The Dallas Mavericks have been one of the big surprises this NBA season, amassing a record of 14-6 with wins against the likes of the Denver Nuggets, Houston Rockets, Toronto Raptors, and, most recently, the league-leading Los Angeles Lakers.
They’ve accomplished this thanks in large part to the sensational play of their sophomore superstar Luka Doncic and the strong bench play. With these two elements performing at a high level, the Mavericks have gone 7-2 on the road this season and have wins in 7 of their last 8 games overall.
That’s not to say it’s been nothing but smooth sailing, of course. The Mavs inexplicably found a way to lose to the New York Knicks not once but twice in the span of just six days. They also suffered heart breakers early in the year to the Portland Trail Blazers and Lakers. Despite this, they’ve only been visibly outmatched once on the year during a 114-100 loss to Los Angeles Clippers. That’s not why the rest of the league should be scared, however.
With Kristaps Porzingis still finding his groove offensively following a 20-month layoff from a torn ACL, the weight of Dallas’s success has ridden squarely on Doncic’s shoulders, and the Slovenian “Wonderboy” has delivered at just about every turn.
In the month of November, Luka Doncic became just the third player in NBA history to average a 30-point triple-double, and his 63% true shooting percentage during that stretch took what was a Mavs team hovering just over .500 and catapulted them into fourth in a stacked Western Conference.
Triple-doubles may have lost their shine somewhat in recent years thanks to guys like Russell Westbrook and James Harden making them so commonplace in box scores, but these are hardly empty numbers Luka is putting up. Doncic’s efficiency rating has been crazy good through the first 20 games of the year, challenging, and at times even surpassing Wilt Chamberlin’s All-Time mark of 31.8. He’s Dallas’s leading rebounder even with Porzingis snatching boards at a career-best rate of 9.2 a night, and he’s imposing his will on anybody who dares check him whenever he brings the ball up the court.
Perhaps the greatest example of this was Luka’s third quarter against the Lakers in which he scored 16 points on near-perfect shooting and assisted on 10 more points for the visiting team. During that run, Dallas outscored LA 28-5 and flipped what had been a 3-point halftime deficit into a comfortable lead.
What’s crazy is that this isn’t even an aberration for Doncic, as he’s made his presence most-felt in the third quarter of most games this season. He’s also averaging a near triple-double at 30.6 points, 9.9 boards, and 9.6 assists a game almost nearly a quarter of the way into the year. The fact that he has yet to receive the benefit of a fully realized KP only makes this more impressive. When Porzingis does return to form, the compliment of one of the strongest bench units in the league makes for an almost unfair match up to the majority of the league.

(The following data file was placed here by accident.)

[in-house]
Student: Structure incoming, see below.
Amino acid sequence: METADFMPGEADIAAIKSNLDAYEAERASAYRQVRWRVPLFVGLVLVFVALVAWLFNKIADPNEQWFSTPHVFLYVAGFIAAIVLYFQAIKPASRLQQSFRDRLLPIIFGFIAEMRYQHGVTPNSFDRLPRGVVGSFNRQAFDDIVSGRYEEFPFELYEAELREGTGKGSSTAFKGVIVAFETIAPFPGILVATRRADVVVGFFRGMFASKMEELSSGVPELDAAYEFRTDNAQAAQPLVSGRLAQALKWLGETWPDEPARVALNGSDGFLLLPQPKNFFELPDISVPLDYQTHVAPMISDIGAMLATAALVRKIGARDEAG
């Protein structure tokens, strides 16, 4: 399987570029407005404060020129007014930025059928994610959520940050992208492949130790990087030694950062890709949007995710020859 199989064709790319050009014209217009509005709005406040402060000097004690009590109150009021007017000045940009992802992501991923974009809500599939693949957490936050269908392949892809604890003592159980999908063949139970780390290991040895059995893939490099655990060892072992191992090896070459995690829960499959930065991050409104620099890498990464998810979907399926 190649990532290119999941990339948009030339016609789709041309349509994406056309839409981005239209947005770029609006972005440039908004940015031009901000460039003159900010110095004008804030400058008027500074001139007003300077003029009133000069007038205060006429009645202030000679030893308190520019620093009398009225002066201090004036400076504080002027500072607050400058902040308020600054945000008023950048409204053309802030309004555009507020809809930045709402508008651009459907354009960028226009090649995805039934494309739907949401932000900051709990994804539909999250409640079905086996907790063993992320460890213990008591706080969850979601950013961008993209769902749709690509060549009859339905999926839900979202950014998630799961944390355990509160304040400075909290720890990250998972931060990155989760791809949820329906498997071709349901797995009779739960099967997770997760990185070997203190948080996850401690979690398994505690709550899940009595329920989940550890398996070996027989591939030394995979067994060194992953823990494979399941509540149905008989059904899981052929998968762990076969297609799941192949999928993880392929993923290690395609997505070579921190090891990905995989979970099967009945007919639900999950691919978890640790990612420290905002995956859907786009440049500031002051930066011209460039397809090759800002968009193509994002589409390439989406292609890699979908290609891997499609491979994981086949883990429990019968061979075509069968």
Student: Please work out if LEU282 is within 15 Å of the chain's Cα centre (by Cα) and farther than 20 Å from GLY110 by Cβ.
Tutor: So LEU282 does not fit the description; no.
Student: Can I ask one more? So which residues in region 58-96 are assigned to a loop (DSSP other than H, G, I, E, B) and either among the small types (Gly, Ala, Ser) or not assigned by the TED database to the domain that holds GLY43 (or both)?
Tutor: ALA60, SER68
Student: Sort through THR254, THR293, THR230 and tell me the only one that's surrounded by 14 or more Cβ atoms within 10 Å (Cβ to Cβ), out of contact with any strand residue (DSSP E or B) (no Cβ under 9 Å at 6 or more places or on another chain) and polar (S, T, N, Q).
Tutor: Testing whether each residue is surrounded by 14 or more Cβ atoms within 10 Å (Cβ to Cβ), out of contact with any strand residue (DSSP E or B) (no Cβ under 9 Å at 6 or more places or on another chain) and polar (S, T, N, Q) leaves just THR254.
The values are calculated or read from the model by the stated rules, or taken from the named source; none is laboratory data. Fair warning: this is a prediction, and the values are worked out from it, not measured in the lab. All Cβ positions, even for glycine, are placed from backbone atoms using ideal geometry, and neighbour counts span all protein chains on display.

Dallas’ bench is just outside the top five in points per game and leads in average plus/minus. This has helped the Mavs overcome KP’s slow start where he’s averaging just 17.2 points a night, the lowest since his rookie season. Despite this offensive dip, Porzingis has more than recaptured his defensive impact and has even elevated his rebounding prowess significantly to offset the dip in his production.
This has led Mavs coach, Rick Carlisle to muse on KP’s potential impact as he continues to find his shot.
He would be the ultimate stretch-5, with his ability to shoot easily from 30 feet. And he rebounds well and he protects the rim.
As good as the Mavericks have been this year, this is what should scare the rest of the West. Prior to his injury, Porzingis was an All Star with the Knicks, averaging 22.7 points, 6.6 rebounds, and 2.7 blocks per game. Should he recaptures that offensive form as the season goes on, Dallas could go from quality playoff team to a monster capable of wreaking havoc no matter the match up.
Perhaps the craziest thing about this Mavericks team is that they weren’t even expected to contend this year. Owner Mark Cuban and President of Basketball Operations,Donnie Nelson assembled this roster merely with the goal of building continuity between stars Luka Doncic and Kristaps Porzingis. With a year of chemistry building and tape to show potential star free agents, the real window for Dallas is supposed to be a year or two away at least.
This is a solid team anchored by one superstar and, hopefully, another match-up nightmare and All Star in Porzingis. While Dallas doesn’t have a true or designated “third man” to chip in 15 points+ a night, they do have a host of guys capable of filling the role on a given night.
Tim Hardaway Jr, despite a slow start, has been red hot the past couple of weeks, averaging just under 20 points per game. Dorian Finney-Smith, a “relatively 3” and definitive “D” wing has plenty of defensive versatility in his arsenal and has crept toward becoming a reasonably good three point shooter this season by connecting on a career-best 33% of his attempts.
Further down the line, you have Seth Curry and his career 43.3% three point mark to contend with. He’s off to a pretty slow start but has enough of a track record to believe he’ll round into form over the course of the year. Top it all off with Justin Jackson and his 46.7% marksmanship this year and you’ve got a loaded bench filled with capable, if temporary “number 3s.”
Led by a generational talents in Luka Doncic and Kristaps Porzingis, and possessing a solid bench, Dallas looks capable of beating just about any team on any given night and, health permitting, they’re only going to get better. If the rest of the Western Conference didn’t know that already, they’re surely realizing it now after cutting the Lakers down to size in the Staples Center.